Tuesday, April 17, 2007


It's all over the news, people crying, being carried, running.

This morning on Good Morning America they interviewed the campus reverand (priest?) and asked him what one sentence he found comforting. He fought back tears and said "God is here, God is here." He lacked conviction when he said it, though you could tell he said it with great faith, great hope. Because perhaps faith and hope are all that's left in those kinds of situations.

I can't relate to the fear, the sheer terror that must have swept across that campus yesterday. My life has been resoundingly safe and steady. I cannot imagine the sheer magnitude of loss, the tipping of the scales into a deep void where uncertainty waits, sadness looms and fear dominates.

But I have walked across a campus filled with despair and loss and it's a feeling I will never shake. Ours was a small, close campus. Our loss was merely one.

And yet.

I remember the strange silence that followed in the coming days. The obvious absences from classes, the stoic and awkward presences in them. I remember hundreds not knowing what to say, and tens reaching out for anything. Any comfort at all. Standing looking down into that void.

A dear friend of mine was touched by the loss, in a way I'll never be able to fully know. She looked at me, as dusk fell in our plaza under a giant palm tree and asked with a look in her eyes I'll never forget - will it ever get better? WIll it stop hurting?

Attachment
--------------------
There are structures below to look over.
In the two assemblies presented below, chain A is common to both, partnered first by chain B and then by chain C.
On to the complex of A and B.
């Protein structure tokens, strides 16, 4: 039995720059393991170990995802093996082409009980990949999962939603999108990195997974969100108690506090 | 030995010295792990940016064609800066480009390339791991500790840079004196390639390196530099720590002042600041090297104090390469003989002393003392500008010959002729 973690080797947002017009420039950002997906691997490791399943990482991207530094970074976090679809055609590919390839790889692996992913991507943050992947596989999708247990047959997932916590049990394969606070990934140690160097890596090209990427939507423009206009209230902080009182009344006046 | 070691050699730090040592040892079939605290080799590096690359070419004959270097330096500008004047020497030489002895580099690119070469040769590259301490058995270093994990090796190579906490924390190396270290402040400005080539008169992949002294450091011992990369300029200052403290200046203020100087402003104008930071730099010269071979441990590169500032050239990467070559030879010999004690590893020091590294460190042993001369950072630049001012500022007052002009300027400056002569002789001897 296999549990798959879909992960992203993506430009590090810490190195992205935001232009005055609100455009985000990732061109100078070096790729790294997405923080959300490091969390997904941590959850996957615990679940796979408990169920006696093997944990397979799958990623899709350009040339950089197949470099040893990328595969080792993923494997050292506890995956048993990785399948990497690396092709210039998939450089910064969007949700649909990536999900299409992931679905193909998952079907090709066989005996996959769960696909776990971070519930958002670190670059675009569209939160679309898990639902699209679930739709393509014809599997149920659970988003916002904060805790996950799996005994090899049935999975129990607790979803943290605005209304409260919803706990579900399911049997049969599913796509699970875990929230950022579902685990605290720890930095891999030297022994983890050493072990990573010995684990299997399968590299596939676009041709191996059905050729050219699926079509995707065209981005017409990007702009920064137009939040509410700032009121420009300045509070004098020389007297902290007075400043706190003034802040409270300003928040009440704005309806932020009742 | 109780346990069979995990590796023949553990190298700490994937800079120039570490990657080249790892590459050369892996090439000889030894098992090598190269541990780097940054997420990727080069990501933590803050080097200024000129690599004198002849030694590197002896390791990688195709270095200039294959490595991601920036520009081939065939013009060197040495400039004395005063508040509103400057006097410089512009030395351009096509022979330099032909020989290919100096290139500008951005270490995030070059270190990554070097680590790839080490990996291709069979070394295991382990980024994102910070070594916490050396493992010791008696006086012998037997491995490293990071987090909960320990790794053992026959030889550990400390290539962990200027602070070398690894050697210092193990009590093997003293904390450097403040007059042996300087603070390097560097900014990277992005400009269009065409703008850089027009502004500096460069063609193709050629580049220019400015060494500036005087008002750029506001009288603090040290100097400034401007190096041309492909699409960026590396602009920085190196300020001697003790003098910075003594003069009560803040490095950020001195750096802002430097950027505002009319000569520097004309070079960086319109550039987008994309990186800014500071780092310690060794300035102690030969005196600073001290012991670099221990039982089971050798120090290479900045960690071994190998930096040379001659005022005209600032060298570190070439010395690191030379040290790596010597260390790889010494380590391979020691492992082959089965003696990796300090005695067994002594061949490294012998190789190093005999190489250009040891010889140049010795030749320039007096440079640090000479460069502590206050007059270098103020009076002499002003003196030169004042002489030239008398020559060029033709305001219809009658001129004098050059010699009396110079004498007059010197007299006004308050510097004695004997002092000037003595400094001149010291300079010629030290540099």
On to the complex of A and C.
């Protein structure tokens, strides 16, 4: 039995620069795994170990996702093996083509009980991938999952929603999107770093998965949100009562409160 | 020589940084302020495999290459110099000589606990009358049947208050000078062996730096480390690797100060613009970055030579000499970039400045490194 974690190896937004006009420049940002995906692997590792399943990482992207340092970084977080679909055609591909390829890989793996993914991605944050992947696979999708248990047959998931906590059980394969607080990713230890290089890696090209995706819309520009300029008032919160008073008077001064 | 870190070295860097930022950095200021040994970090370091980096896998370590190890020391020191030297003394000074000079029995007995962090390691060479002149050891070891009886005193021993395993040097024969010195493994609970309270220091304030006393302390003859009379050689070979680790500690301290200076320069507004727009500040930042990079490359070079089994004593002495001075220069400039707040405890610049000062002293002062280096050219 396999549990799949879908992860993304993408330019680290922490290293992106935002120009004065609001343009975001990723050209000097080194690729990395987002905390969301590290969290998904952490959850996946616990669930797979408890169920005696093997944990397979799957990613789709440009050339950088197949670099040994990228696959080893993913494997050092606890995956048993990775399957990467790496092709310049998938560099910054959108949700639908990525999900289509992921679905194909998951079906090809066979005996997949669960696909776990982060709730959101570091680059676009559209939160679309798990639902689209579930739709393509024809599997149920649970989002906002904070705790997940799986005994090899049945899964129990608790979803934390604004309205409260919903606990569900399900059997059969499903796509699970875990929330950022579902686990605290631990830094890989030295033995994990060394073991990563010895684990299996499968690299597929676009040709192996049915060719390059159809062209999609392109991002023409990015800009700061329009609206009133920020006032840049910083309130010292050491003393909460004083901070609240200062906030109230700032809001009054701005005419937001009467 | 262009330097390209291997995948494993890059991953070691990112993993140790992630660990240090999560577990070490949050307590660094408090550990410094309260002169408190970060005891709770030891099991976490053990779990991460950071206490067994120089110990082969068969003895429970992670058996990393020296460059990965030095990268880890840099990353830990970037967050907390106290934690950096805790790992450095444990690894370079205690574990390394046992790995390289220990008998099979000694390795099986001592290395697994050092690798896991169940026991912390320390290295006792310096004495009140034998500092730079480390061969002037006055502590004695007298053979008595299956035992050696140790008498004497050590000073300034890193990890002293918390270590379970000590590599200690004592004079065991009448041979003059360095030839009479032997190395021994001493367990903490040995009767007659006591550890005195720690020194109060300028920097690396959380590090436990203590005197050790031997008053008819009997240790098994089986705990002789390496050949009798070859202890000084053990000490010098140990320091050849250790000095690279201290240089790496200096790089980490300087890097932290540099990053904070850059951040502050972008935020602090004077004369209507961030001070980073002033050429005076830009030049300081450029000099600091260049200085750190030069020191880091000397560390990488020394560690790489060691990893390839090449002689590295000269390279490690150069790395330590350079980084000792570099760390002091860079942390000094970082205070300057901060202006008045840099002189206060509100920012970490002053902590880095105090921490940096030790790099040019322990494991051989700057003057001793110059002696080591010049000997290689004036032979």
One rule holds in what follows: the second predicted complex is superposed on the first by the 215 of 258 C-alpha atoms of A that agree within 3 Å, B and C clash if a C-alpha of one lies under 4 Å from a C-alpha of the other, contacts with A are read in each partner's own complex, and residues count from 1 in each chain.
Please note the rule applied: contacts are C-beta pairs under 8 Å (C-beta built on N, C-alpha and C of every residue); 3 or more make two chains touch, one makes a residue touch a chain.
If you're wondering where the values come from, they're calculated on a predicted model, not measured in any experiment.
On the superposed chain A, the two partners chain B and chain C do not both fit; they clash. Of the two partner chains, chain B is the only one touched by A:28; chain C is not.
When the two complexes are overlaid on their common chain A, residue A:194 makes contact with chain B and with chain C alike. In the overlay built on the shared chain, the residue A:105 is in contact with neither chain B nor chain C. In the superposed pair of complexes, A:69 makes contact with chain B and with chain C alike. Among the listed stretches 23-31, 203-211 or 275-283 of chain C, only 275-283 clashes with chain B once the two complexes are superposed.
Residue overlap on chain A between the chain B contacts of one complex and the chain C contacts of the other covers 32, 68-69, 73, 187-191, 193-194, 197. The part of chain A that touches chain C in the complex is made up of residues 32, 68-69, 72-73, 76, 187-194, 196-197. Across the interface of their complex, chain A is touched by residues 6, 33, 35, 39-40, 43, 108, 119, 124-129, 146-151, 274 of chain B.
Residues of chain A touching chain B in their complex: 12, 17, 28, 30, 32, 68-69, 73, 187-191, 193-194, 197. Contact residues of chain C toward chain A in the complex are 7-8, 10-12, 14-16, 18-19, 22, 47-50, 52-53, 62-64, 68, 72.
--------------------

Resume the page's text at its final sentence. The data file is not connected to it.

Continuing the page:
And I wanted to say yes. I wanted to give her a timetable, a date. A place she could look forward to getting when all this would be past. When the heartbreak would cease: when things would feel safe again.

But I couldn't.

And that is when my heart broke. That is why now, watching those students on the television breaks my heart still. I don't know what their worlds will be like in the coming years, in the coming decades. I don't know what this world holds for them. I just know that I hope for them what I hoped for my friend all those years ago.

It may never stop hurting, the loss may never be less. But over time the joys mean more, the laughter becomes more precious. And that somehow makes it easier. Over time, that all somehow brightens the darkness.

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